This past week marked four years since Colin Kaepernick, former San Francisco 49ers quarterback, knelt during the national anthem at a preseason game against the Green Bay Packers as a way of speaking out against racial injustice and police brutality in the United States.
His actions took the media by storm, resulting in his eventual dismissal from the 49ers and the apparent end of Kaepernick’s football career in March 2017.
Despite this, the movement gained traction and Kaepernick has been commended by many for his willingness to put his career on the line for a cause important to him and one of pertinence throughout the nation. While this was a revolutionary act at the time, it did not do much to draw further attention to the causes at hand.
However, four years later, it’s incredibly clear how much work there still is left to do.
On Aug. 23, Jacob Blake of Kenosha, Wisconsin, was shot seven times in the back by the police after reports that he was attempting to break up a fight between two women on the street. He has since been hospitalized and has suffered injuries to several organs as well as his spine, compromising his ability to ever walk again.
Less than four months ago, the nation saw another senseless act of police brutality resulting in the murder of George Floyd, which set forth a resurgence of the Black Lives Matter movement across the United States. Despite a global pandemic, people marched and protested, as well as took steps to participate from home.
Part of why the movement was able to take such a strong force and draw as much attention as it did was because Floyd’s murder occurred at a time when the American people were still quasi-quarantined. Because there was nowhere else to divert our attention, we were all consumed in our Twitter feeds, news channels and various media outlets reporting on what was going on.
What’s terrifying now is that as life adjusts to a newer normal with the start of another academic year and more and more people returning to work, it’s easy to divert from news that scares us. It’s easy to stop paying attention, but it shouldn’t be.
Being able to ignore the news in and of itself is a stance of privilege.
But what is remarkable is how public figures throughout the country have taken a stance to make their voices heard in areas in which you would not expect. They’re making it so that you can’t turn a blind eye. You must face it head on.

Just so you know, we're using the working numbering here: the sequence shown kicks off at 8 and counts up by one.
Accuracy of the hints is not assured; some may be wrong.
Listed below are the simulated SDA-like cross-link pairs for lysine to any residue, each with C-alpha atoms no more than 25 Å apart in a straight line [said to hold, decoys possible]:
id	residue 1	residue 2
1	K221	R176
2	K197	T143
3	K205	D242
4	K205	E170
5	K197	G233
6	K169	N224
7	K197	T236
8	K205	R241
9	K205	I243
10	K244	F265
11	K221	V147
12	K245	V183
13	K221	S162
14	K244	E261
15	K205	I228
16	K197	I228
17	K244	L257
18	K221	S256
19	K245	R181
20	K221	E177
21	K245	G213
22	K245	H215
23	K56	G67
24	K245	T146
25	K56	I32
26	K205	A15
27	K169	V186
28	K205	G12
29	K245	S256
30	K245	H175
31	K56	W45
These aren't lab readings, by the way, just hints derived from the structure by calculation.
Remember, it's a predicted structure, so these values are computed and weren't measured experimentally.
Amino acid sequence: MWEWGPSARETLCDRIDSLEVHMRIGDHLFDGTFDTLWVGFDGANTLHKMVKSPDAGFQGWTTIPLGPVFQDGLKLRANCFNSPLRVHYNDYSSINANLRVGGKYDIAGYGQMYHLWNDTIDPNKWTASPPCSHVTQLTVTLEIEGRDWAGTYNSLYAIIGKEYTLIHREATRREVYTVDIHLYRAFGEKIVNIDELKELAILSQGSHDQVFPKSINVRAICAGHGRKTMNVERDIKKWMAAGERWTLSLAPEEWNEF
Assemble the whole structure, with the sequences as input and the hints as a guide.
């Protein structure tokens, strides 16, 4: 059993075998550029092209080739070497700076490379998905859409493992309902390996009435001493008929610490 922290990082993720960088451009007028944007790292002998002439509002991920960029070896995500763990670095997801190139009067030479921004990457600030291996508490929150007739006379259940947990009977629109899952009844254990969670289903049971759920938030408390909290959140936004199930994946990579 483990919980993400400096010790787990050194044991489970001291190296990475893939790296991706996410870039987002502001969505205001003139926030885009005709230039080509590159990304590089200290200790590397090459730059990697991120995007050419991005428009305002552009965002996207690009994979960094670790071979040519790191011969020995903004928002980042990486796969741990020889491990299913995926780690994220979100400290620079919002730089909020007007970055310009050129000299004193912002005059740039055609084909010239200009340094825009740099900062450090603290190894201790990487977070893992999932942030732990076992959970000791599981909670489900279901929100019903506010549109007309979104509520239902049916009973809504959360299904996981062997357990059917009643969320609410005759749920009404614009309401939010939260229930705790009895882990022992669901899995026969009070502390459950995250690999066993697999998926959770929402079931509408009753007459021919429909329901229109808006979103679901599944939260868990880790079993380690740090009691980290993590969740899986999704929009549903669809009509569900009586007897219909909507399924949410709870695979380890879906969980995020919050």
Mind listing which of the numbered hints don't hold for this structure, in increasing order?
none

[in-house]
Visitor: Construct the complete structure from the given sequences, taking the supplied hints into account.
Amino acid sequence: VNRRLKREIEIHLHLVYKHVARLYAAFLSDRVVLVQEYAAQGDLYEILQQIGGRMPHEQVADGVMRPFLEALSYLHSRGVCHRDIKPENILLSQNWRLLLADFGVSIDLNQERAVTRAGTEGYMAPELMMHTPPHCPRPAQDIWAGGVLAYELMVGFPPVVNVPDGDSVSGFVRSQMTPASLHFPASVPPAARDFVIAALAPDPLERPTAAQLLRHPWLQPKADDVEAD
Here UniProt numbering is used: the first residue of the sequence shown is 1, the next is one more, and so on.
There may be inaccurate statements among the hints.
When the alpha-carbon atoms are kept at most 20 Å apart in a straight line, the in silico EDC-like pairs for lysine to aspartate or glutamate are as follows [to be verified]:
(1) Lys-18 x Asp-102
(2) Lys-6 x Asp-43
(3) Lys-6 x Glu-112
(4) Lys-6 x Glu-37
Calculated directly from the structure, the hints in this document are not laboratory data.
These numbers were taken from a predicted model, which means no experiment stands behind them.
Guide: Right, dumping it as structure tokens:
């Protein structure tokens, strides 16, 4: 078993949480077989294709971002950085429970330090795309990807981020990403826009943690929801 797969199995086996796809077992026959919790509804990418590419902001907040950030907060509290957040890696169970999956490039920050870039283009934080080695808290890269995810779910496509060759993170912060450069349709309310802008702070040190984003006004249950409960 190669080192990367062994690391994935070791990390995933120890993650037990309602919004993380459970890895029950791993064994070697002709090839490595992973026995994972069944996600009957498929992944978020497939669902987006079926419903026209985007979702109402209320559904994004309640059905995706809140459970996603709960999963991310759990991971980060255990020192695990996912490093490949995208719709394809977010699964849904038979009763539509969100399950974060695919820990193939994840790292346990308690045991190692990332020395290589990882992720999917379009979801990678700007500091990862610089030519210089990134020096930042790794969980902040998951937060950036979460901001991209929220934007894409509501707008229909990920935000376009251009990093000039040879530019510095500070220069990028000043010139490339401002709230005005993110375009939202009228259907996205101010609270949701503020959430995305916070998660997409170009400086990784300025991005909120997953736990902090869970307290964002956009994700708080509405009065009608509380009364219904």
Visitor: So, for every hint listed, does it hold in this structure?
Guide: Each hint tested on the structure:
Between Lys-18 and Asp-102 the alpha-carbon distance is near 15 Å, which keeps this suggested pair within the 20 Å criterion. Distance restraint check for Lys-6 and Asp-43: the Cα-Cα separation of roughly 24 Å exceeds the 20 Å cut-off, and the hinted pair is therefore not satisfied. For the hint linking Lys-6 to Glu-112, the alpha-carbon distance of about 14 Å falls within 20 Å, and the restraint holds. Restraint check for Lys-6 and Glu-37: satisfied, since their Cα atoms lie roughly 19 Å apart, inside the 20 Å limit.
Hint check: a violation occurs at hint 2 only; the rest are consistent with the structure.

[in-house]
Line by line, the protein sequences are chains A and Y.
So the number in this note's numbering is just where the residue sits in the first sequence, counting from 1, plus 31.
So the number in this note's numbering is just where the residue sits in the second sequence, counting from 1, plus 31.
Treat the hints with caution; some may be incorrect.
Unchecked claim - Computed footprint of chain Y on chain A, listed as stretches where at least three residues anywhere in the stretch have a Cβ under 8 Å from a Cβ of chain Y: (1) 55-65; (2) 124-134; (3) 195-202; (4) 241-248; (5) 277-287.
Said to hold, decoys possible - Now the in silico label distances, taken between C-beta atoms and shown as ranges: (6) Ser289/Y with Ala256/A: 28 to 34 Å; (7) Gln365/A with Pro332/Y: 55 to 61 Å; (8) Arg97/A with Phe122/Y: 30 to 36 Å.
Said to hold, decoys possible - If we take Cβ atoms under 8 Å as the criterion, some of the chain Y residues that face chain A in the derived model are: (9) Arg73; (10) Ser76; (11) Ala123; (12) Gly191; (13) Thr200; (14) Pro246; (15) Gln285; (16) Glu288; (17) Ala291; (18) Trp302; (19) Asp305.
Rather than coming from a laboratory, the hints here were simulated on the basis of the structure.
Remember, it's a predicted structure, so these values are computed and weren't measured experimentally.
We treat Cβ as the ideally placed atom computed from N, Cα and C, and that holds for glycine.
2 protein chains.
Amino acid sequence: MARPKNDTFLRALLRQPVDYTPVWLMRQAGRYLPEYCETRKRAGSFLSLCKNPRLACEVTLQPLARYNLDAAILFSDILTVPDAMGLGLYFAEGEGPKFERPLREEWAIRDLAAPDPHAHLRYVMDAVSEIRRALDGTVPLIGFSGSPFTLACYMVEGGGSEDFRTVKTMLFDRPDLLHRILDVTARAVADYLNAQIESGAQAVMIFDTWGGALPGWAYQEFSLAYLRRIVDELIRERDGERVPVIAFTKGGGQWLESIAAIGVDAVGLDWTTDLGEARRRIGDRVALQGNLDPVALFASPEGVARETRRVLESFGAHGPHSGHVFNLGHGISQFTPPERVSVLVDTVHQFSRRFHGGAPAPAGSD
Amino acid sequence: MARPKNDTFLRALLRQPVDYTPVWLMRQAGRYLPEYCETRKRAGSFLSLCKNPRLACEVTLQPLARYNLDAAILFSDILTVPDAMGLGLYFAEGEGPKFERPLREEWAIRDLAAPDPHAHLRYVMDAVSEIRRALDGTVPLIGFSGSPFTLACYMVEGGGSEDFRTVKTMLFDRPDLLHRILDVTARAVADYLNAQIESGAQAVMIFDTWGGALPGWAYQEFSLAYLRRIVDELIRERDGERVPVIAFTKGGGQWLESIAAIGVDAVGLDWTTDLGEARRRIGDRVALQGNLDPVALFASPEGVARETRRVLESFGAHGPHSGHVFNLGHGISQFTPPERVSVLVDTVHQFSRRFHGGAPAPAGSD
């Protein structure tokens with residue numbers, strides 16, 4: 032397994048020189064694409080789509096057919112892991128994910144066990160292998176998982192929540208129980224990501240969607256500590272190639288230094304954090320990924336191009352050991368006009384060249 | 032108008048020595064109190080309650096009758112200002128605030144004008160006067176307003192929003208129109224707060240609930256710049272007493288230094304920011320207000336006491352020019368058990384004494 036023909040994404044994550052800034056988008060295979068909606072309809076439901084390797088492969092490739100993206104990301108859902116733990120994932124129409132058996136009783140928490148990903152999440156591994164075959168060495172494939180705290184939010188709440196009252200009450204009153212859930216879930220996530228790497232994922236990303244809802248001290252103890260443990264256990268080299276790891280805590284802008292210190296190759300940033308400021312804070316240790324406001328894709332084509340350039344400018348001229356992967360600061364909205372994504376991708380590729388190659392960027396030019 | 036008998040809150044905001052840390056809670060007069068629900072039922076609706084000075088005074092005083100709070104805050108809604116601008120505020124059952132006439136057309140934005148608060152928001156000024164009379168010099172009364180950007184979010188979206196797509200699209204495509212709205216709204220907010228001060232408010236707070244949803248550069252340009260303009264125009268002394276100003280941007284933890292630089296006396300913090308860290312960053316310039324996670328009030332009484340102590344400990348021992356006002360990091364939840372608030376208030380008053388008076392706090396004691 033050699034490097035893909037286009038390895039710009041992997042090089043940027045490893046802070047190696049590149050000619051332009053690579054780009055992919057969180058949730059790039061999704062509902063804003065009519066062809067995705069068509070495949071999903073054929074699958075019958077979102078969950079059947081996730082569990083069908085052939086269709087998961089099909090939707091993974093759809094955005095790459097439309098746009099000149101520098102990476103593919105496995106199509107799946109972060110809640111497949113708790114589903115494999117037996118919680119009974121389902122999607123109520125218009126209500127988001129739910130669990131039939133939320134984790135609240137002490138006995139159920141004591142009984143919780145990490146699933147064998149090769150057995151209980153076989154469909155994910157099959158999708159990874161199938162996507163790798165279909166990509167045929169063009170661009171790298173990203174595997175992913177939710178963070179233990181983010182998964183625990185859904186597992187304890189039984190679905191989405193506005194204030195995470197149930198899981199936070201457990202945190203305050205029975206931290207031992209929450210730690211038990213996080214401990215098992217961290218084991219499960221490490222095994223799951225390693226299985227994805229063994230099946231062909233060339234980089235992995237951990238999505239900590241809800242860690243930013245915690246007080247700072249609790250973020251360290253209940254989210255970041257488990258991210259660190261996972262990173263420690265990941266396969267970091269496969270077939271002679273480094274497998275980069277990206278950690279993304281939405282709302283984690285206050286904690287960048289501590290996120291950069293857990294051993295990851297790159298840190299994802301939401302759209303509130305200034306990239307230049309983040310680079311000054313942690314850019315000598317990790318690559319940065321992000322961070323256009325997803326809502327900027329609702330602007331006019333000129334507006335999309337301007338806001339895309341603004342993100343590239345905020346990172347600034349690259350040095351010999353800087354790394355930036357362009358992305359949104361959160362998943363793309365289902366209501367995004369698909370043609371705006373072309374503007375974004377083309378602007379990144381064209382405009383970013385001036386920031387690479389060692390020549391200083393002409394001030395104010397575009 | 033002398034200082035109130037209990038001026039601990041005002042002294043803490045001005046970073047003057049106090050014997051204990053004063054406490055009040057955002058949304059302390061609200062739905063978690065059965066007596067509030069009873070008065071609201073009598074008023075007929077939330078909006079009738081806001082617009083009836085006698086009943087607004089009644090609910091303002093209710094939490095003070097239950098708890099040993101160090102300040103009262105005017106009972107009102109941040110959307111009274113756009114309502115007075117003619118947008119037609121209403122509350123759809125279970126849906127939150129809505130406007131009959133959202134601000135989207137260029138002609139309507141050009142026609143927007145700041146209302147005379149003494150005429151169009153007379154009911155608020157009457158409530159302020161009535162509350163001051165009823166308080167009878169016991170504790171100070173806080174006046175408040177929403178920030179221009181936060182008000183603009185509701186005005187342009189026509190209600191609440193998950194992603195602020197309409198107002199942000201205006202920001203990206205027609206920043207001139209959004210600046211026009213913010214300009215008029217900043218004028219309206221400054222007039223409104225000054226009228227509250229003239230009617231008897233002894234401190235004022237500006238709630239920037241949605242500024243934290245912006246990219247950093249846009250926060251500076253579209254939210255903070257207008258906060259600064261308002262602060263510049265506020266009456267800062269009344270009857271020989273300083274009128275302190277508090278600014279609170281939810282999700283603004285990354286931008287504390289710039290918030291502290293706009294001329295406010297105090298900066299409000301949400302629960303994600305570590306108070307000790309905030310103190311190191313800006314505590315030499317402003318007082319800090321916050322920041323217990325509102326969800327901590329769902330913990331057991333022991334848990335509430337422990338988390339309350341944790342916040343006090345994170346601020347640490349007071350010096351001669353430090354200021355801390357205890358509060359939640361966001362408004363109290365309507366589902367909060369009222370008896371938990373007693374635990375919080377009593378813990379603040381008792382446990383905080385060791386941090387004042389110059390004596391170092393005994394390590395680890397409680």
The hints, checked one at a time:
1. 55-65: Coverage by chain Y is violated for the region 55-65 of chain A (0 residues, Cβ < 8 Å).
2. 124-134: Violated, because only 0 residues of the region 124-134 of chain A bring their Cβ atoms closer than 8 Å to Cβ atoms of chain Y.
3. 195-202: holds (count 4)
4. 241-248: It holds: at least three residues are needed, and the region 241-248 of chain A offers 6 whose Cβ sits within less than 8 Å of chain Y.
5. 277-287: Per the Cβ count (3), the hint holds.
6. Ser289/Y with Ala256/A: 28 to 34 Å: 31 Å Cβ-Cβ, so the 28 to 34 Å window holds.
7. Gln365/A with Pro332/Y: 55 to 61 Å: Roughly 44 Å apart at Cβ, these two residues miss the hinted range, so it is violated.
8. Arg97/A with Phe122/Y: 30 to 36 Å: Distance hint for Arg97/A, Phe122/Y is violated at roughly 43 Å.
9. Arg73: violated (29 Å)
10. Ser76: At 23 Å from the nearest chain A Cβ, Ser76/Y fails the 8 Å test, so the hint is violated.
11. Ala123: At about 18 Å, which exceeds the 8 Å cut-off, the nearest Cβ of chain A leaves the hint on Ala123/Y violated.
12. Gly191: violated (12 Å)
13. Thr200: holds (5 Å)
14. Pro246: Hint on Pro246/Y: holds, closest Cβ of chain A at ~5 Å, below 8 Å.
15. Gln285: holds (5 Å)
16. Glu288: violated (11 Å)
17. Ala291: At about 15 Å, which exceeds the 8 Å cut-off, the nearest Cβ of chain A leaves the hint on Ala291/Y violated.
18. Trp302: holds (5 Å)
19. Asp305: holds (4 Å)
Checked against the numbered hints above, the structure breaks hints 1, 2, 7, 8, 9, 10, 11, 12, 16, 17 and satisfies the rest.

The NBA, WNBA, MLB, NFL, MLS and NHL have placed boycotts on competition after an already long pause on their seasons due to COVID-19. It is on those with larger voices to use their platforms to share their support and continue the movement on a larger scale.
These players are using their privilege to speak up because they know not everyone can.
Not only are they pausing their play, but are creating organizations, campaigns and other ways to help educate and actively progress the country on these issues of racial injustice and police brutality.
It is, however, despicable that the current administration within the United States is constantly contradicting their stances and criticizing literally every aspect of the movement. This past week presidential advisor Jared Kushner said in a CNN interview that members of the NBA are financially privileged to be able to take a few games off in order to shed light on these causes, saying the real work will begin once they turn “slogans and signals into actual action that’s going to solve the problem.”
A few months prior, the Trump administration completely berated the acts of protesting and other forms of activism in regard to this movement and have yet to bring about any governmental action to improve these issues in any way.
We need to stop allowing such hateful people to be in positions of power. If they are going to criticize every form of action toward this movement and those working toward actually making these causes better, the needle will never move forward — or rather, the needle will only move toward the ideals of justice and equality in spite of these people in power.
Since Floyd’s murder and the rise of the movement in June, there have been more localized attempts to improve some of the issues at hand. For example, the Bethlehem Police Department has released a use of force report in order to keep community members aware of when force is and isn’t appropriate. Any time the public can get a better understanding of when and how the police can use their force is important because individuals are more aware of their rights, more cognizant of inappropriate behavior and more apt to hold their community officials accountable.
It is on each and every one of us to stay informed and not shy away from the more difficult news. Put in the extra work. Stay engaged and stay informed. It quite literally starts with you.
Knowledge is not only power, it is essential.